Carroll was best known for her role voicing Ursula, the villain with an unmistakable laugh in the 1989 animated film The Little Mermaid. She has said in interviews that it was a “lifelong ambition” of hers to be in a Disney movie.
“She is physically bigger than life, but she’s bigger than life in her head, in her voice, in her laughter, and in her meanness,” she said about Ursula in an interview with Disney Parks. “She’s a mean ol’ thing. I think people are fascinated by mean characters … I’m even intrigued by her when I look at it.”
But she had an accomplished career long before that, especially in the early decades of TV. Born in Shreveport, Louisiana, in 1927, Carroll and her family moved to Los Angeles when she was 5. She booked gigs at comedy clubs after graduating college and then acted in theater shows. She was nominated for a Tony Award in 1956 for her Broadway debut in Catch A Star.
Carroll was a regular on the sitcom Make Room For Daddy and had a recurring role on The Danny Thomas Show. In 1957, she won an Emmy for Best Supporting Performance in the sketch comedy show Caesar’s Hour. She also often appeared as a guest on game and variety shows.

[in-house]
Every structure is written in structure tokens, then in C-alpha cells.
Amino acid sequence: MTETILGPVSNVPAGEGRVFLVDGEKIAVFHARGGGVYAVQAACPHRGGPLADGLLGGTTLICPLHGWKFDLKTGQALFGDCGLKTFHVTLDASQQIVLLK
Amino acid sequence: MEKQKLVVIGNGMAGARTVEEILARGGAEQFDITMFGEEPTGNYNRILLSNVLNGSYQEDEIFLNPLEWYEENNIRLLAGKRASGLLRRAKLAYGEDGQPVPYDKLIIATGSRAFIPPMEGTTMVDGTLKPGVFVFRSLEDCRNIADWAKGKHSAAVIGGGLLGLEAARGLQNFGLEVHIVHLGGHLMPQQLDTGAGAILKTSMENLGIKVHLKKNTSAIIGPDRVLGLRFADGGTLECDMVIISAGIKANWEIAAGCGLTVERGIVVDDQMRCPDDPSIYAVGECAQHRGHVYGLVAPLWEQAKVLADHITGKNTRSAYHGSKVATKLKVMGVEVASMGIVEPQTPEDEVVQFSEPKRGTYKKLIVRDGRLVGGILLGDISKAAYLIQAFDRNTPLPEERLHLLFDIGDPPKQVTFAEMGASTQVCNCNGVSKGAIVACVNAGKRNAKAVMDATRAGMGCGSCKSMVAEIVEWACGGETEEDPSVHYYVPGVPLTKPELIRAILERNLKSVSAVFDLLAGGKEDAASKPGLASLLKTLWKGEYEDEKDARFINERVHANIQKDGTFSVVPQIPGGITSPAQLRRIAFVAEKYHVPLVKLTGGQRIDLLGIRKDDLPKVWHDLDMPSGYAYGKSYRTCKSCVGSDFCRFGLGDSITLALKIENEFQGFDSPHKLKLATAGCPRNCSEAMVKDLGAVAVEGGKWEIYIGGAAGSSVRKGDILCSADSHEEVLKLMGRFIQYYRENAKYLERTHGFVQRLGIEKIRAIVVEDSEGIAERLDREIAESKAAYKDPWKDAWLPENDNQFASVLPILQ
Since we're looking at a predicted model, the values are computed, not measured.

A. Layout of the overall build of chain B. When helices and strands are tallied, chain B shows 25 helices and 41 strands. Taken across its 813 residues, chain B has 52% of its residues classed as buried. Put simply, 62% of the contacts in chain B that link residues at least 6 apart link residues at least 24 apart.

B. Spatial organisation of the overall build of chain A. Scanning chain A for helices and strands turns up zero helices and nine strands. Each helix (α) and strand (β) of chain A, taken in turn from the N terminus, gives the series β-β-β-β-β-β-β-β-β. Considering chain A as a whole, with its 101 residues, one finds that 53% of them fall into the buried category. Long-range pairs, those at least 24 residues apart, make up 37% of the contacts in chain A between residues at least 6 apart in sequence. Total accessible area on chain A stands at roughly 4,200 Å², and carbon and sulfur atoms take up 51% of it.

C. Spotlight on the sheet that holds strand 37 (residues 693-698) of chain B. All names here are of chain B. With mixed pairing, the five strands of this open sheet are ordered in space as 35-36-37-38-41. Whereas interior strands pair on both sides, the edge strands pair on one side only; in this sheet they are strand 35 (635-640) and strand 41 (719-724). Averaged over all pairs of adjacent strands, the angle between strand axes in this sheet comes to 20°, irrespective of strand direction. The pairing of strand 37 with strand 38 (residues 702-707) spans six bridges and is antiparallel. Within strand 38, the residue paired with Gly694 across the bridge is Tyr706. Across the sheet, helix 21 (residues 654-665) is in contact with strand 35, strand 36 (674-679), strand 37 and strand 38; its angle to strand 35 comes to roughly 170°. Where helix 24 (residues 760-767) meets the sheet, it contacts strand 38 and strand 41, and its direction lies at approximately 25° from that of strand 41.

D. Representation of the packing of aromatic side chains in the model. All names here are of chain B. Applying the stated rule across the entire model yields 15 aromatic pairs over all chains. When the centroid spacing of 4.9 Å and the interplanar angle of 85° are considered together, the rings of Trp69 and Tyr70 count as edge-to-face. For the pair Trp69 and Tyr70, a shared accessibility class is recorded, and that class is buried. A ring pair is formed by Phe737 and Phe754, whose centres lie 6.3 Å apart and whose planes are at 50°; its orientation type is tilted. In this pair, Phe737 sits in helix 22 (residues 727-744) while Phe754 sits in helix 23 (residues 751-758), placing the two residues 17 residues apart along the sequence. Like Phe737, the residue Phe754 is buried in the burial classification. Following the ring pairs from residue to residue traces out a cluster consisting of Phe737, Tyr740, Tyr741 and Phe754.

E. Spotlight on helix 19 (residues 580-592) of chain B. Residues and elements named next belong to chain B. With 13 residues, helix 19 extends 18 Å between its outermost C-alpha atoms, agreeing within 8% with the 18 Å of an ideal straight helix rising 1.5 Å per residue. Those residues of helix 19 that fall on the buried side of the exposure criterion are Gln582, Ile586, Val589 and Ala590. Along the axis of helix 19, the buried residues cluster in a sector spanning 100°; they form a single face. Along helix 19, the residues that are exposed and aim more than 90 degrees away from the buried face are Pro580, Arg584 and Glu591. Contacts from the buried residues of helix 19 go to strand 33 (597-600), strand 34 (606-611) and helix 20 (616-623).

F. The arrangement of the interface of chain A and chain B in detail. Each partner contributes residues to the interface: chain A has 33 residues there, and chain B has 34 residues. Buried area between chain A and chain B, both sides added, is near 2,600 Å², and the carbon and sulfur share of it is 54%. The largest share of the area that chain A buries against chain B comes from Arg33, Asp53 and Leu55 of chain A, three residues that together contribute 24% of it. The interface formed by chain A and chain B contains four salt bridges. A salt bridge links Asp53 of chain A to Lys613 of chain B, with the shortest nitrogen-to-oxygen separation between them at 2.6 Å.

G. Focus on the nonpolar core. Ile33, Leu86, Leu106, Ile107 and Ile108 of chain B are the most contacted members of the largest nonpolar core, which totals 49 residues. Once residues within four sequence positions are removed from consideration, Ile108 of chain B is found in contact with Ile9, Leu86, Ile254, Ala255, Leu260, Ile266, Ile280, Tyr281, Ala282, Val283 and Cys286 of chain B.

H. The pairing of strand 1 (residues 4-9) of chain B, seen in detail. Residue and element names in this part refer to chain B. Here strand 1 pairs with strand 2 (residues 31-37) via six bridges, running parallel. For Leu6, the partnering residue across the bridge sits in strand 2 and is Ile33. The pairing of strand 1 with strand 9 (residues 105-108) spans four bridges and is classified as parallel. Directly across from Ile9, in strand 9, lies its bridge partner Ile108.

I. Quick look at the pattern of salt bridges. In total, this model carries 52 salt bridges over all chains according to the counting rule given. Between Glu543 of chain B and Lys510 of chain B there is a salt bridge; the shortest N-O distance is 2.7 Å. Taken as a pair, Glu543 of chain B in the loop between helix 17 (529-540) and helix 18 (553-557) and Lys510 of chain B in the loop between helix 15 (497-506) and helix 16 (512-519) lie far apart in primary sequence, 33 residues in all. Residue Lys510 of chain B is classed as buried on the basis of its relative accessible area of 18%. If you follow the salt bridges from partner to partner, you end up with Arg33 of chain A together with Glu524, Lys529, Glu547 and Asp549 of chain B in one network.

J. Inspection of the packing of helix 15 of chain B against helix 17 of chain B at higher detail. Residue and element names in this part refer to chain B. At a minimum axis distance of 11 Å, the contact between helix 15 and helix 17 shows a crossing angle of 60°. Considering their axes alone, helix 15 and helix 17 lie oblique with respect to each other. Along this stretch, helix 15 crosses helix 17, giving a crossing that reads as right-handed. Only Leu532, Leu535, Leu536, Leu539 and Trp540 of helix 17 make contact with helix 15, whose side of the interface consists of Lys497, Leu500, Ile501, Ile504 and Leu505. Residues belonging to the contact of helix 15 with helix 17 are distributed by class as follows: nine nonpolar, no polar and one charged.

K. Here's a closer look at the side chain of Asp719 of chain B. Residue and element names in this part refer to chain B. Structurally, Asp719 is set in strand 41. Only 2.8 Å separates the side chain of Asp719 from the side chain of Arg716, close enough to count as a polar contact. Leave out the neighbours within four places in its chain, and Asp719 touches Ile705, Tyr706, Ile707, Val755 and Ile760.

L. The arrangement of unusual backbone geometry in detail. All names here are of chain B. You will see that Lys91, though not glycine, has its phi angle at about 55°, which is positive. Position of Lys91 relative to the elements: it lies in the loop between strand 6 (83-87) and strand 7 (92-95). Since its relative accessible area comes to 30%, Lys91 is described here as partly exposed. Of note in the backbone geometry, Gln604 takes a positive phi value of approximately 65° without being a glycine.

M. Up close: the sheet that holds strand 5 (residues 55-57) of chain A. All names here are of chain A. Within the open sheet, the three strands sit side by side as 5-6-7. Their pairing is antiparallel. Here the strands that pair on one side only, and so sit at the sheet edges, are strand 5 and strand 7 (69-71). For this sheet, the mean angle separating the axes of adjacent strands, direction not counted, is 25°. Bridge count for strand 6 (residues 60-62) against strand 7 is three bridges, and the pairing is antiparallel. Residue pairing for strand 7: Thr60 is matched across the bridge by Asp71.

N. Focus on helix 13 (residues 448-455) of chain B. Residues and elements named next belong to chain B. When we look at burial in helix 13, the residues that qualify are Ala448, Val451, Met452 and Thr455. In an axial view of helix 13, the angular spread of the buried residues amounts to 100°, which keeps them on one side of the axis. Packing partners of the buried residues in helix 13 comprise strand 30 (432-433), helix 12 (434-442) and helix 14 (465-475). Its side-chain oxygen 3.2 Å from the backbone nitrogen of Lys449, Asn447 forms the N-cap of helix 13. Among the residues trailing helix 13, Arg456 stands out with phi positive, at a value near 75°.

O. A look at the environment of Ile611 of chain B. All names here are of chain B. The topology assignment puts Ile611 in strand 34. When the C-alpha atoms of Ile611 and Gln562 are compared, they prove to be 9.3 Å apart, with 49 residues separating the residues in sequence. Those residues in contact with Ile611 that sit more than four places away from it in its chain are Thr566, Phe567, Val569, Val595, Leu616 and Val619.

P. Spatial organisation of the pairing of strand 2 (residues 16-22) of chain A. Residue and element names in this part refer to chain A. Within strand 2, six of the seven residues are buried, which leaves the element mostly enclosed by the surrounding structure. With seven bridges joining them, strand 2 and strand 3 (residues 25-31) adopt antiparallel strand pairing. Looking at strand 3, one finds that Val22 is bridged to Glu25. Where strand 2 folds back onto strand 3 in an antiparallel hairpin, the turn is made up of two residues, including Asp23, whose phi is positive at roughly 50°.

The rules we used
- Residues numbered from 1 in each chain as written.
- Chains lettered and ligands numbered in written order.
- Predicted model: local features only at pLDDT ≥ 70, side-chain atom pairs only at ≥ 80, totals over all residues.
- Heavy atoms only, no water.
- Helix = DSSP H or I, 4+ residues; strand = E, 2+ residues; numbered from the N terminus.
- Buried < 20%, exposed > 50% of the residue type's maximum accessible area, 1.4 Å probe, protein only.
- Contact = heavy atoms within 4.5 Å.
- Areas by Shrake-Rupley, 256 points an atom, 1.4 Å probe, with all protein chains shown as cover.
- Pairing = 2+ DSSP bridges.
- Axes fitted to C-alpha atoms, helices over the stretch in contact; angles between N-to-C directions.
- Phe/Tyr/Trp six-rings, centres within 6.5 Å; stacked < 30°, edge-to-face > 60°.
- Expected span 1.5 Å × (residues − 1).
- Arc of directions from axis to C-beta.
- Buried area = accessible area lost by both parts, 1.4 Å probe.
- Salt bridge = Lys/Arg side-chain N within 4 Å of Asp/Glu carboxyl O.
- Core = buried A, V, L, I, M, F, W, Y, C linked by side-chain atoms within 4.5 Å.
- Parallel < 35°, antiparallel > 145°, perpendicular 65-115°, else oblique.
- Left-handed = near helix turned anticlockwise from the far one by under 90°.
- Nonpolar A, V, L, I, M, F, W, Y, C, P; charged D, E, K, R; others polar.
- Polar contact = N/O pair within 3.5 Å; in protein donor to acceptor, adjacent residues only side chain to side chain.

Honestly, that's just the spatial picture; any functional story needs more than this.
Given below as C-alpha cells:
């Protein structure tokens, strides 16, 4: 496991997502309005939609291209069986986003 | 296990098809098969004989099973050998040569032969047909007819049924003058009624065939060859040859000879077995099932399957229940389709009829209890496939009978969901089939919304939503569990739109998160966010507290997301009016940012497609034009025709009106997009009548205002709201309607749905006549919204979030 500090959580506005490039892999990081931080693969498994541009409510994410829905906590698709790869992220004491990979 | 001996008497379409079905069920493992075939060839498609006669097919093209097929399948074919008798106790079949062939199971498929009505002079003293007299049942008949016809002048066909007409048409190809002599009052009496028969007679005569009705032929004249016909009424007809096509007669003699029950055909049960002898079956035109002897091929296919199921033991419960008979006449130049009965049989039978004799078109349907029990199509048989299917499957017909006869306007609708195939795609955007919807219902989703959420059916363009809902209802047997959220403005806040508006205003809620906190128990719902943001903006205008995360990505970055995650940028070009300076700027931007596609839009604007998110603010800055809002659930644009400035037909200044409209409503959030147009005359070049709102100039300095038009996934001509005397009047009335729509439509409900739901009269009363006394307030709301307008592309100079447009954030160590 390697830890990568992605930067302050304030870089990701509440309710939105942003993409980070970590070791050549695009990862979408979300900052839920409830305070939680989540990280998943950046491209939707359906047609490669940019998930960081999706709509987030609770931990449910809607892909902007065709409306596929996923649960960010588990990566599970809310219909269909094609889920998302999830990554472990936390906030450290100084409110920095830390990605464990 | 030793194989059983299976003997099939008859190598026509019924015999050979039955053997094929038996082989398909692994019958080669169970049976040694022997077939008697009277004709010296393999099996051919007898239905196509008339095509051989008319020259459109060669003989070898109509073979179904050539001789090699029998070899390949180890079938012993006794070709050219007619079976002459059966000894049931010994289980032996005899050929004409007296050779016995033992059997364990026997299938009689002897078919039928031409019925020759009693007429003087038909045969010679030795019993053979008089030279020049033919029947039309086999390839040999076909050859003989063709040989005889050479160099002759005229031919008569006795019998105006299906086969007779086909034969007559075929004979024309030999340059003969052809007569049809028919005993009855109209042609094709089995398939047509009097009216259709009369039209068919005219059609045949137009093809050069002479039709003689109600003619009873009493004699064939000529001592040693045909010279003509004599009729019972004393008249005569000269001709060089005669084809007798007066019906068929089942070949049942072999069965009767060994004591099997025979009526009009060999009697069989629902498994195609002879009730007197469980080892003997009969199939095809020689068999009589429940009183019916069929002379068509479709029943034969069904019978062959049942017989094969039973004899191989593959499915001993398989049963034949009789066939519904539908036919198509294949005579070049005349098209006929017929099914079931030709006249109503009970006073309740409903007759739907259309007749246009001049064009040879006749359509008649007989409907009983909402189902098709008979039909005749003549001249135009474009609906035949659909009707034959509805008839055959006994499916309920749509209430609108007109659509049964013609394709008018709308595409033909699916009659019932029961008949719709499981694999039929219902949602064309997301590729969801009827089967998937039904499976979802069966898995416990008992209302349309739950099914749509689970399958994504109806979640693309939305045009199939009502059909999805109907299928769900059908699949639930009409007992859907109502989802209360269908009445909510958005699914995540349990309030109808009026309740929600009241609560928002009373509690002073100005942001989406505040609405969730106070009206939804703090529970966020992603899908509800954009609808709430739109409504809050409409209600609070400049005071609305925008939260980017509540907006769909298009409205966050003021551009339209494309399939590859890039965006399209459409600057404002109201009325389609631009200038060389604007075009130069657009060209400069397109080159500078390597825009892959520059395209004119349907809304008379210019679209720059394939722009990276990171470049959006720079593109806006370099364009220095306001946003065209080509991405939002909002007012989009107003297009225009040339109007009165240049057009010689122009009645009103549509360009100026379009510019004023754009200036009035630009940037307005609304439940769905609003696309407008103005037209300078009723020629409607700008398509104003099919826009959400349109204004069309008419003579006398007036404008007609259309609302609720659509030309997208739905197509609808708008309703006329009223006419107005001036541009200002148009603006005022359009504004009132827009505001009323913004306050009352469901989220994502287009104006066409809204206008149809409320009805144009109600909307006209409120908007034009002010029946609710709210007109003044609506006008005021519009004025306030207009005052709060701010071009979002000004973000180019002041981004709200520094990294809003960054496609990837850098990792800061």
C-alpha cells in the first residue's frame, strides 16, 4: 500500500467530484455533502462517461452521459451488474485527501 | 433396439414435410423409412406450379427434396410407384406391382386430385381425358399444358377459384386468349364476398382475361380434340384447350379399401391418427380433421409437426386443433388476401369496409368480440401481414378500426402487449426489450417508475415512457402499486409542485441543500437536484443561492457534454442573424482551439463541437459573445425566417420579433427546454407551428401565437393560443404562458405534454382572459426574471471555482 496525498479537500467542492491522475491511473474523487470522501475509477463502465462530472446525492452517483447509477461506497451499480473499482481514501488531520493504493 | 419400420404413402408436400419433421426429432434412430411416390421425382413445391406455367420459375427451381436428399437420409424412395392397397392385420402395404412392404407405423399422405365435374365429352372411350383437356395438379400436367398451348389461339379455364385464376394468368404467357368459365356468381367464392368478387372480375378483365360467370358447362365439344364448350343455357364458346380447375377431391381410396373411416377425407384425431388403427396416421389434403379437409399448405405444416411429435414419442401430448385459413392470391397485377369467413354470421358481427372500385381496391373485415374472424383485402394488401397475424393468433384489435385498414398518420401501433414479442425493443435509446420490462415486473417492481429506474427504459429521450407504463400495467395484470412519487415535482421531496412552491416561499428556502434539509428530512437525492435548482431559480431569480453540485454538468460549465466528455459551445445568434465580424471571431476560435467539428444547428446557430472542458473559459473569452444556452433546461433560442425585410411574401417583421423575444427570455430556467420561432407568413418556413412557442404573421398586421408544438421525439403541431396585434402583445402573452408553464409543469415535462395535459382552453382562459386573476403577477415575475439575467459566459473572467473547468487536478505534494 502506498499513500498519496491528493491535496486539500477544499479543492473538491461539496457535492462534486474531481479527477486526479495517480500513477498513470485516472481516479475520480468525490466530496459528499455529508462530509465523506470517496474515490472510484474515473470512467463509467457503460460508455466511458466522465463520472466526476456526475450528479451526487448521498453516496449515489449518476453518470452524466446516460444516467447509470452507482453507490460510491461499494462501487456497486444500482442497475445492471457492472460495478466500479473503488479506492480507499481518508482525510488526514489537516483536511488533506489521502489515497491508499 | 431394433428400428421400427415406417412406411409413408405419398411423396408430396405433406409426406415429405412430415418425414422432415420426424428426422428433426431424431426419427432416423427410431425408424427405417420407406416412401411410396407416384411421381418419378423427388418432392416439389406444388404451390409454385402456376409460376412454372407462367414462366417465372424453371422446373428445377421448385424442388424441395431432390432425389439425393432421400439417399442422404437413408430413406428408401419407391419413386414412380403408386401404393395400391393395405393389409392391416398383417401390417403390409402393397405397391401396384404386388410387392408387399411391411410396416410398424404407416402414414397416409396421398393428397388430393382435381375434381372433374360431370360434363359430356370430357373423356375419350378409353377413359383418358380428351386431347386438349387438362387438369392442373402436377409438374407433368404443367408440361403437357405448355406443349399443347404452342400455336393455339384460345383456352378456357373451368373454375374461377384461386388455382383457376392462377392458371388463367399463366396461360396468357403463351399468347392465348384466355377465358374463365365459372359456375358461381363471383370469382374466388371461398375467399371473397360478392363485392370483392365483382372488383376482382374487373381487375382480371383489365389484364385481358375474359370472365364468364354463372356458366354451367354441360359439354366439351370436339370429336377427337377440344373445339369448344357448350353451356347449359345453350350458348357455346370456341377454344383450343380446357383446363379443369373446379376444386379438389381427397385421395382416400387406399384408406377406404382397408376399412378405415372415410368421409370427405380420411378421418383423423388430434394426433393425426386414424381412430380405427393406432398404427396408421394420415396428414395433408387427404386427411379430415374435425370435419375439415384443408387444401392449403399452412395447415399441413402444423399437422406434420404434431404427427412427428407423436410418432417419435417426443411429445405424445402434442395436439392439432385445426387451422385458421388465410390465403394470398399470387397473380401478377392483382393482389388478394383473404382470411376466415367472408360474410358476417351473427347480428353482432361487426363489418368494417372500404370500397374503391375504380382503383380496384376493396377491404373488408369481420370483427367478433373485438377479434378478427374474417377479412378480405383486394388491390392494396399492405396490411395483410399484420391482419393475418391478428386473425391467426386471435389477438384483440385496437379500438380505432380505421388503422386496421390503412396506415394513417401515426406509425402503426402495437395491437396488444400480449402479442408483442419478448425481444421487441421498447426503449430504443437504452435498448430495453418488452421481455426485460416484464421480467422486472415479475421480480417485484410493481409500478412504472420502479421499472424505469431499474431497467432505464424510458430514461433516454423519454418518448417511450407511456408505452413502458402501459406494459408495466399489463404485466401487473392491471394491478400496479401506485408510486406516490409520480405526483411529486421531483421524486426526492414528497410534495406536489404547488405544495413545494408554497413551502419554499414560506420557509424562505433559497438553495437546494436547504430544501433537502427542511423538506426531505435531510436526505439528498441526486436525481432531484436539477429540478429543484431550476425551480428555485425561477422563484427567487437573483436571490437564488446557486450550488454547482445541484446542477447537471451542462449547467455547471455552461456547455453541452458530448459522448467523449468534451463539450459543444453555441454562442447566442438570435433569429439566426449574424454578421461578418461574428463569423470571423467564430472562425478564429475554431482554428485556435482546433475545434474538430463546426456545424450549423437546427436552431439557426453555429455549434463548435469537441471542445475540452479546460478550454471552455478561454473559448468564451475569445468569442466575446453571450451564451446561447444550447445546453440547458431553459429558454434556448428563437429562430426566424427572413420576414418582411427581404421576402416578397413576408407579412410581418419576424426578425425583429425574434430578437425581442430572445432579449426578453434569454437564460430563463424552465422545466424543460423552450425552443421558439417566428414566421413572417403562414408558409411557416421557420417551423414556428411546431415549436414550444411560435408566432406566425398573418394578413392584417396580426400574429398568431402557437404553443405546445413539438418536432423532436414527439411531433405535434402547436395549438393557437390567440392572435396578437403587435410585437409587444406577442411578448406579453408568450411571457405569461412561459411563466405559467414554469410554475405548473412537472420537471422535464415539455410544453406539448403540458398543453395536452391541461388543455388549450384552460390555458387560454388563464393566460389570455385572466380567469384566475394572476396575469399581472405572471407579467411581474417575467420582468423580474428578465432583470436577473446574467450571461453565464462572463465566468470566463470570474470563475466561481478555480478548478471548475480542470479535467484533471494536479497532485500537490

In the late ’70s, she put on a one-woman play, Gertrude Stein, Gertrude Stein, Gertrude Stein, which ran for 14 months in New York before she took it on the road. The show won her a Drama Desk Award for Best Actress and the Outer Circle Drama Critics’ award for Best Production Off Broadway in 1980.
At the time, she told the Washington Post that her children noticed how immersed she was in the role.
“I knew something was happening when my children told me, ‘Mom, you’re repeating everything three times,'” she said. “Then I noticed that I was not using contractions very much when I talked — there are no contractions at all in the first act of Gertrude Stein, Gertrude Stein, Gertrude Stein.”
Carroll also won a Grammy for Best Spoken Word, Documentary, or Drama Recording in 1981 for a recording of the play.